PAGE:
Party is an evening of nonsensical non-sequiturs and delirious drollery that deserves everyone’s vote.
This team clearly has sound judgement. Rule number one: make sure you have a first class script. Tick. Choosing Tom Basden’s highly acclaimed play Party was an inspired move. His writing is concise, laugh-out-loud funny and allows each actor to bring his or her own interpretation and style to the characters.
Next, make sure you have a cast that can carry off a play requiring detailed attention to speech and pronunciation, combined with a split-second sense of timing and the ability to use a range of facial expressions. Tick. Anyone needing lessons in these areas should see this masterclass of a show. Everyone else should see it because it’s first class entertainment.
Four young idealists decide to form a political party that will address the needs of voters and save the world. They meet in Jared’s garden shed (though he prefers a more upmarket name for it). The gathering attempts to define party policy on a range of issues touching on China, Armenia, sex trafficking, unfair trade coffee and Muslims.
They also have to elect a leader in a transparently democratic manner which they attempt using two different voting systems in order to achieve a result that is acceptable to them all and not rigged – well, not much, anyway. This opens up the perils of tactical voting. Other urgent issues, apart from arriving at the 'Yes we May' campaign slogan and choosing the party’s signature colour, include whether or not to, if at all to, and if so when to, break for cake. Not a difficult agenda, unless you have a committee of these oddballs.
Jack Smail as Jared cuts an imposing figure, befitting the status he likes to think he has and keeps the inaction of the group moving in a pseudo-sensitive manner. Sophy Dexter’s Phoebe keeps her head down for the most part, marking the spreadsheet of ideas and minuting the proceedings (or not), while making somewhat delayed and rather dumb remarks – not that she has a monopoly on those. Jamie Gordon plays an amazingly slow and equally dumb Duncan who is less than clear about what is going on, why he is there and why they can’t get round to the important issue of eating lemon drizzle cake. Meanwhile Will Jones as Martin (Jonesy) and Alice Palmer as Mel engage in lively banter, she with deadpan sincerity and he with little political correctness.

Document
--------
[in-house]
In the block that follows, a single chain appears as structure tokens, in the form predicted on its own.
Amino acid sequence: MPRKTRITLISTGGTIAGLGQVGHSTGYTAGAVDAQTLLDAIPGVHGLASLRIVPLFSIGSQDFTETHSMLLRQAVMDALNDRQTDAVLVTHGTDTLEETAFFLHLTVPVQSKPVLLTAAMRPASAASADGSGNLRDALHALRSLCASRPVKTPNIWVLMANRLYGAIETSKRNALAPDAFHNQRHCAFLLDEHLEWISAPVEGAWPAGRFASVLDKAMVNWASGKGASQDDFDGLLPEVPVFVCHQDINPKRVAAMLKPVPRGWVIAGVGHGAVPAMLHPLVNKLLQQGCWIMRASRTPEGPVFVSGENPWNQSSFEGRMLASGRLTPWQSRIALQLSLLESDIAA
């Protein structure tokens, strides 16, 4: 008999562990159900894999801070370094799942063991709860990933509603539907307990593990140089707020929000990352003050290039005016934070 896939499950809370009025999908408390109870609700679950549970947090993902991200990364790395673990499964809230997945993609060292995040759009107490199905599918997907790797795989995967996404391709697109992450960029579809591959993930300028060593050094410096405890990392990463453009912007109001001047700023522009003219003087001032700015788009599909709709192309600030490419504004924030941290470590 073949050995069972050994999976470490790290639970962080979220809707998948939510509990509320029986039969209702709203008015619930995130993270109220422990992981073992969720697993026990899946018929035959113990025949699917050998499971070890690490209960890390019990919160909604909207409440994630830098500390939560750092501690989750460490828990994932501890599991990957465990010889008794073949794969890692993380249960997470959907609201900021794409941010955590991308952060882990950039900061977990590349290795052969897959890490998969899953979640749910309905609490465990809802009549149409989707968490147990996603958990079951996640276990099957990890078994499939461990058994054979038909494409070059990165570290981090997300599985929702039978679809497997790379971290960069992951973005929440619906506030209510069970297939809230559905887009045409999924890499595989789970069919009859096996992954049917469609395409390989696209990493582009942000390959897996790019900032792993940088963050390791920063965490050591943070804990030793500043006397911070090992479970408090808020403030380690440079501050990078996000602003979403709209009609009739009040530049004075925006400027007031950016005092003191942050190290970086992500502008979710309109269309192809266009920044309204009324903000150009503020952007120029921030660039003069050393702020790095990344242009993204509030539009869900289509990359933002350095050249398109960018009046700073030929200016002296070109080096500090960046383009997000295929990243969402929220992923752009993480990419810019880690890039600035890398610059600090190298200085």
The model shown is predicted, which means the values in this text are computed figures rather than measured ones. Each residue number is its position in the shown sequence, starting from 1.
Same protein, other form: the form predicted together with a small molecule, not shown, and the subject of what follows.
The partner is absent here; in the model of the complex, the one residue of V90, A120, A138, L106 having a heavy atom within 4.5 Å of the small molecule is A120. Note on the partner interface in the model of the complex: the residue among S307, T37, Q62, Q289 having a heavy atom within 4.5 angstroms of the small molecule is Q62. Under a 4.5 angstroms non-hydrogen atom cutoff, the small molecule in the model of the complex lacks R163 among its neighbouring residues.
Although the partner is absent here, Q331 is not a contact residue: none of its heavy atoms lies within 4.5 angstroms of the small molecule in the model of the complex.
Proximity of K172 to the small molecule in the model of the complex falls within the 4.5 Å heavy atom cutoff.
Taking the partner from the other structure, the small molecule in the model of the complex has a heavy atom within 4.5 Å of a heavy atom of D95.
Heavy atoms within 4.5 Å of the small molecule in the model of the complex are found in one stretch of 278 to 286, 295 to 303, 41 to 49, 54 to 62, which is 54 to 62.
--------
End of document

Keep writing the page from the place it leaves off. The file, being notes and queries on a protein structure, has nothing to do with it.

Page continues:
The prospect of an entire play taking place around a table is daunting and puts extra pressure on the actors’ delivery, but director Alistair Lyons and assistant Sarah Sharpe keep this play moving and the cast rise to the occasion. Lyons also appears briefly in a short coat – you’ll have to see it for that one.
Result? Party is an evening of nonsensical non-sequiturs and delirious drollery that deserves everyone’s vote.